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Look at the Material
The writing (like everything else) is still tattering, fraying, falling apart.
These days, saying something feels like too much. You might say I’d rather ask questions, but even questioning misses what I’m after. Fred Moten says, “Words don’t go there”; maybe I’m pursuing what can’t be said, not because it’s beyond understanding, but because language per se can’t address or reveal it. If you’ve kept up with me here, this isn’t news. Last month’s newsletter unraveled into a tangle of words, sounds, images. Various threads looped around some central point, even as they trailed off into their own directions.
This month, I intended to write something about tissue. Fabric and muscles, tension and fraying. Many objects in my life are literally falling apart, worn down as they’ve been by various actions—walking, sweating, sitting on trains and buses—that have constituted long-standing conditions in my life. These are conditions that are literally failing to serve me, as evidenced by the backpack with busted seams, or the pair of shoes threatening to tear.
The prospect of writing the essay sat close to me, pricking at my skin like a rug burn for weeks. The text only came in shards. I’d try and stoke them, but eventually decided it would take too much time to flesh out the ideas. Procrastination got compounded by a personal emergency, and both yawned on further and further into the endless extension I was already granting myself. I just need space, I told myself! How else to understand the hole in a pair of jeans?
I felt at a loss for material. How could I think this, when I worked through the fallacy of “having nothing to say” just last month? But that kind of material slips easily. Without tensility, it falls down or floats away. Or maybe that’s only true when I try to hang it all on my-Self, that pretend being that floats at a single point in space and time. How much longer do you think it’ll take me to learn that it’s only through reading others, witnessing others, being with others, that I find material—that is, my conditions for being?
How long until I feel the truth, for real (ha!), that past iterations of me are among those others?
I may not be writing in the way I’ve wanted to, but I’ve never stopped putting my hand on various things in life. The things I’m sharing here have helped tack this stretch of existence as it unfurls. There’s one item I hold most dearly, and it’s the last one in this letter: it’s a piece I made right at the beginning of 2020 called loam. I didn’t share it with many people when I made it. Why I didn’t is a question I’m investigating now. In that searching, I sense a lot about making parts of myself available to others, and the process of deciding who will (or won’t) see what, and when, and how.
One condition I want to change is a reluctance to talk my shit because, come on—look at the material! What a concept: this platform can be a place to share things I’ve already made and am proud of. There are always conditions; there is always material; and the way a knot or wrinkle or tear pulls on a fabric’s weave, lets you know what there is to work and how to work it.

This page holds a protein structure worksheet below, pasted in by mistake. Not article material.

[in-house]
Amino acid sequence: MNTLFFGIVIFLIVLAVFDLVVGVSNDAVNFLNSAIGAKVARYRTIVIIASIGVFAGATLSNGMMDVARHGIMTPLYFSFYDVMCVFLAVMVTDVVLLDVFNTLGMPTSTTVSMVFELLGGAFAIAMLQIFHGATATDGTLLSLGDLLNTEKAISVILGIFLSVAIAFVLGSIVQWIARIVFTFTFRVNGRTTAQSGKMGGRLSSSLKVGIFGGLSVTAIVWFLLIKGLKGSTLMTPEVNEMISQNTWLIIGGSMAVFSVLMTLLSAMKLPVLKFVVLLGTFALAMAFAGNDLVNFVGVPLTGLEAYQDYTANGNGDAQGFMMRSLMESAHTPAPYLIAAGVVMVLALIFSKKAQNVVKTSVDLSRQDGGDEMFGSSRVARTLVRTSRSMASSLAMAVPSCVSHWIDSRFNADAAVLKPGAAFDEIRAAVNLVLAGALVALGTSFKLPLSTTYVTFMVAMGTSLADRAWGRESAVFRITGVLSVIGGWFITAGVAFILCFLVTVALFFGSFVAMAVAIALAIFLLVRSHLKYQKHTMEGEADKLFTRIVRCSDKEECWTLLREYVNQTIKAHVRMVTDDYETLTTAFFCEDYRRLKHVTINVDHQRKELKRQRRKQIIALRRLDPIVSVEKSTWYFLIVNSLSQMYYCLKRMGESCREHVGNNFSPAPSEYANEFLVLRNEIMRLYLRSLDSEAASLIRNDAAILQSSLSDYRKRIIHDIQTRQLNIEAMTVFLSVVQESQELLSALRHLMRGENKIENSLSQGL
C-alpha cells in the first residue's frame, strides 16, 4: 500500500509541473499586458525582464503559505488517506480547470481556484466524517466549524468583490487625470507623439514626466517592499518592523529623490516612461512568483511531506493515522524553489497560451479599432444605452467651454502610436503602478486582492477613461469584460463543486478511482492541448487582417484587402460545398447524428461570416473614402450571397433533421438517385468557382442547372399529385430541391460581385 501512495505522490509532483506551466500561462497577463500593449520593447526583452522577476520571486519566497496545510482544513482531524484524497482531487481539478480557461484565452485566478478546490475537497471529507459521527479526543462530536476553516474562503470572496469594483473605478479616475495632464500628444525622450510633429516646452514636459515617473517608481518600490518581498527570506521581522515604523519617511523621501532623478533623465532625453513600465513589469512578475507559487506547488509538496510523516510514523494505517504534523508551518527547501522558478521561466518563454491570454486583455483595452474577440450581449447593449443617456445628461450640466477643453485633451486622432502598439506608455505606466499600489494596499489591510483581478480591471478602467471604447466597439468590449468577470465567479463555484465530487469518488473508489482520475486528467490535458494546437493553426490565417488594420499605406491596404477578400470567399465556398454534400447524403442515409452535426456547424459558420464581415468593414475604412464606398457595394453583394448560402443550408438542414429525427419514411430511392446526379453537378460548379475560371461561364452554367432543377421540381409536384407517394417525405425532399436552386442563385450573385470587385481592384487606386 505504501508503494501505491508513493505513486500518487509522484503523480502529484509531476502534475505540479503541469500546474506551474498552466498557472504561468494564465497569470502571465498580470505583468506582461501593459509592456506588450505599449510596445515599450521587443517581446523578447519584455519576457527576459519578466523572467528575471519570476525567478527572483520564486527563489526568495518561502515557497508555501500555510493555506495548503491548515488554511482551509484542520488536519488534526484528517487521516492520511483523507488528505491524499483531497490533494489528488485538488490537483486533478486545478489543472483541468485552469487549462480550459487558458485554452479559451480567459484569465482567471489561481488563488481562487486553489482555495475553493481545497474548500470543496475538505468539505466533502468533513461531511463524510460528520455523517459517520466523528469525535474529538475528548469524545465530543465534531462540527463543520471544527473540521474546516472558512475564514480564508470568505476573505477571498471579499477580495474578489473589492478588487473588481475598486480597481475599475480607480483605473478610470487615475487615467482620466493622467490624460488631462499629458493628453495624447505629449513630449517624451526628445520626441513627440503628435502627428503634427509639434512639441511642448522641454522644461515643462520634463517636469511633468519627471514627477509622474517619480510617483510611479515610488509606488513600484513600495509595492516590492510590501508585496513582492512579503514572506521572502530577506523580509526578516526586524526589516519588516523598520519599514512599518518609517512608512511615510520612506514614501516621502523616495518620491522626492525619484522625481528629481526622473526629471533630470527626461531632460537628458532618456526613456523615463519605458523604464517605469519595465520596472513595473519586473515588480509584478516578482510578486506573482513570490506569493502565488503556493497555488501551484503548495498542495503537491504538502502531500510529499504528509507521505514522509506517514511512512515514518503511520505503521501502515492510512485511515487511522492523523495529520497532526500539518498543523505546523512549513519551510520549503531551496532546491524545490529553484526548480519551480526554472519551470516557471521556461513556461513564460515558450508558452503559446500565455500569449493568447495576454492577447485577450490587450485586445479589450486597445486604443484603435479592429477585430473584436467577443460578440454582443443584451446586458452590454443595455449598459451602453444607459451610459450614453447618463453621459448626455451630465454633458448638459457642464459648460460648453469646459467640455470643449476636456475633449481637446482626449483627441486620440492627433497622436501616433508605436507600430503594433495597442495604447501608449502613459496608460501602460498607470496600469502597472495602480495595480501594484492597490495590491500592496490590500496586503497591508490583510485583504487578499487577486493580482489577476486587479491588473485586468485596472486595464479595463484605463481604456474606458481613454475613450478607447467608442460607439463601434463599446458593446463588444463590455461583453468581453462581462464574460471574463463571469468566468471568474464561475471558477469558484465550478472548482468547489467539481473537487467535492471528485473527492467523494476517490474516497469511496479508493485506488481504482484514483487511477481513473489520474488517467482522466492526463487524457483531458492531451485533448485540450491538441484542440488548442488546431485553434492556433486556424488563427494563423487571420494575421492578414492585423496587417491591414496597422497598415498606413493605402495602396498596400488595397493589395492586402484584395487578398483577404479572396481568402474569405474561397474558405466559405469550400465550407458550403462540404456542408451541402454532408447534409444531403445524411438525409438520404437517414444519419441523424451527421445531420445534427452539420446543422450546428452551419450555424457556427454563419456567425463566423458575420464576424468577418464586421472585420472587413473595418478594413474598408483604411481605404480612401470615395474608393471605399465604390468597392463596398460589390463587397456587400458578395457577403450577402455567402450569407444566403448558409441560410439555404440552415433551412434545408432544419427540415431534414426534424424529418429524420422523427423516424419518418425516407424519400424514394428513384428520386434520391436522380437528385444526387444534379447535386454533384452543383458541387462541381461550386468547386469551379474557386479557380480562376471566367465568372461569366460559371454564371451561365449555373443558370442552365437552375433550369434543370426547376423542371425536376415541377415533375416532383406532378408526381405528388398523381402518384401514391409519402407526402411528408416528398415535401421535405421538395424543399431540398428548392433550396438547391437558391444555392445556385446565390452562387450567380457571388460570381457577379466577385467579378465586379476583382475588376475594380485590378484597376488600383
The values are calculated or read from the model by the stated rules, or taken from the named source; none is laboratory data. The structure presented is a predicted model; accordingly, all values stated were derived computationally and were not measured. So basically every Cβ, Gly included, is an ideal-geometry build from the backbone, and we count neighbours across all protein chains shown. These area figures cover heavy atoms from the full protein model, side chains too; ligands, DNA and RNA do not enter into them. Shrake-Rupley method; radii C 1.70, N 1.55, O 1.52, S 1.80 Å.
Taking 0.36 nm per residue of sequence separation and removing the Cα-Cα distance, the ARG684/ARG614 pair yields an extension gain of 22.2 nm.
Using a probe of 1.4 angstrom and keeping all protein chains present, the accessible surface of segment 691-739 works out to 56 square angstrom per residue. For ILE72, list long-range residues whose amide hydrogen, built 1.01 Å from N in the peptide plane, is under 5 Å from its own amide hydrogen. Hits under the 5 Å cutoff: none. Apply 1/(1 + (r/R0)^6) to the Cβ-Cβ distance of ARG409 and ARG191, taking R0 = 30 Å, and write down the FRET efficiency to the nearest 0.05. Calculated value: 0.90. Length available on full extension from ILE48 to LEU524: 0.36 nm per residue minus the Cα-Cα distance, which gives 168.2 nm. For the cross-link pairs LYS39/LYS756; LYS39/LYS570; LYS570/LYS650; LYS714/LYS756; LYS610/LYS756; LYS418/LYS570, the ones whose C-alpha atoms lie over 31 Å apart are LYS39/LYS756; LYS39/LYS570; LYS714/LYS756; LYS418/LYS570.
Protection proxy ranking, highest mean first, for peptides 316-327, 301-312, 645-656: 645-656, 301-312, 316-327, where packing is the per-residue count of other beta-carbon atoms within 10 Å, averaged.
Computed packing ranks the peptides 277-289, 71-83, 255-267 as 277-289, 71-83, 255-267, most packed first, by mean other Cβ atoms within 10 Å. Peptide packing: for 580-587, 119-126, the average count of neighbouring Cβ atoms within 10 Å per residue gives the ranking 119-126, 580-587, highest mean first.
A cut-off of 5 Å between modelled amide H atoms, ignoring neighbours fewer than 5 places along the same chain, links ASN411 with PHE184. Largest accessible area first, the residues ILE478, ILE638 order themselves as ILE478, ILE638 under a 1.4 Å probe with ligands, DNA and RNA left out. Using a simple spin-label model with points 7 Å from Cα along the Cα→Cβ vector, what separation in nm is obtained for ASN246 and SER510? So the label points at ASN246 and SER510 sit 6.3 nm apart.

In its first iteration, I’d planned to close this newsletter with an anecdote about a deep-tissue massage I got last week. The process pressurized me such that I couldn’t even trust my breathing, my relaxation, or my voluntary release of tension—skills I’ve acquired as a Good Dancer—to pull me through it. My-Self, that ongoing longing for untroubled and untroubling coherence, could not save me. All there was, in that tiny room, was learning hidden tensions. Hanging in a net of sounds (wall clock, fan hum, piano muzak, my cracking back). Cussing and gritting my teeth. Letting my knots be combed out by another. Waiting my way through the unraveling.
Adrian Piper, “Kinds of Performing Objects I Have Been: Notes for Rosemary Mayer’s ‘Performance and Experience,’” in Out of Order, Out of Sight (Volume 1: Selected Writings in Meta-Art 1968-1992), 89-90.
There is also, in opera’s inclusion of language, of oration, and of speech-as-song, the very crux of opera’s ability to define its own operation, and to design and practice operations that operate beyond opera. Operations as individual performative acts may be themselves defined already by forces more powerful than singing voices onstage, but definitions of what operates continue to form dialogical, potential, transformative, participatory, interpretive, insensible, intentional, consequential, emergent, and otherwise here-defined-as improbable operationalities. In definitions themselves, from defining that which is put “into scene” as a performance of opera, through defining what we mean by “opera,” there is an ability to “think through form” using words as forms, as well as other iterations, activations, and ideations, including those which we may experience as the plethoric forms of musical notation available and possible. […] Beyond the opera as production (classical definition of “operation,” to produce) into opera as operating, working, in a processual way, opera combines the linguistic and the extralinguistic, the sensate and the symbolic, the viable and the insane, across many layers of operational process.
Esther Neff, “Opera as Operations,” Experimental Music Yearbook (2015; emphasis mine).
loam (2020), by me. I recommend watching it with headphones if you can. (Visit the Vimeo link for more information.)
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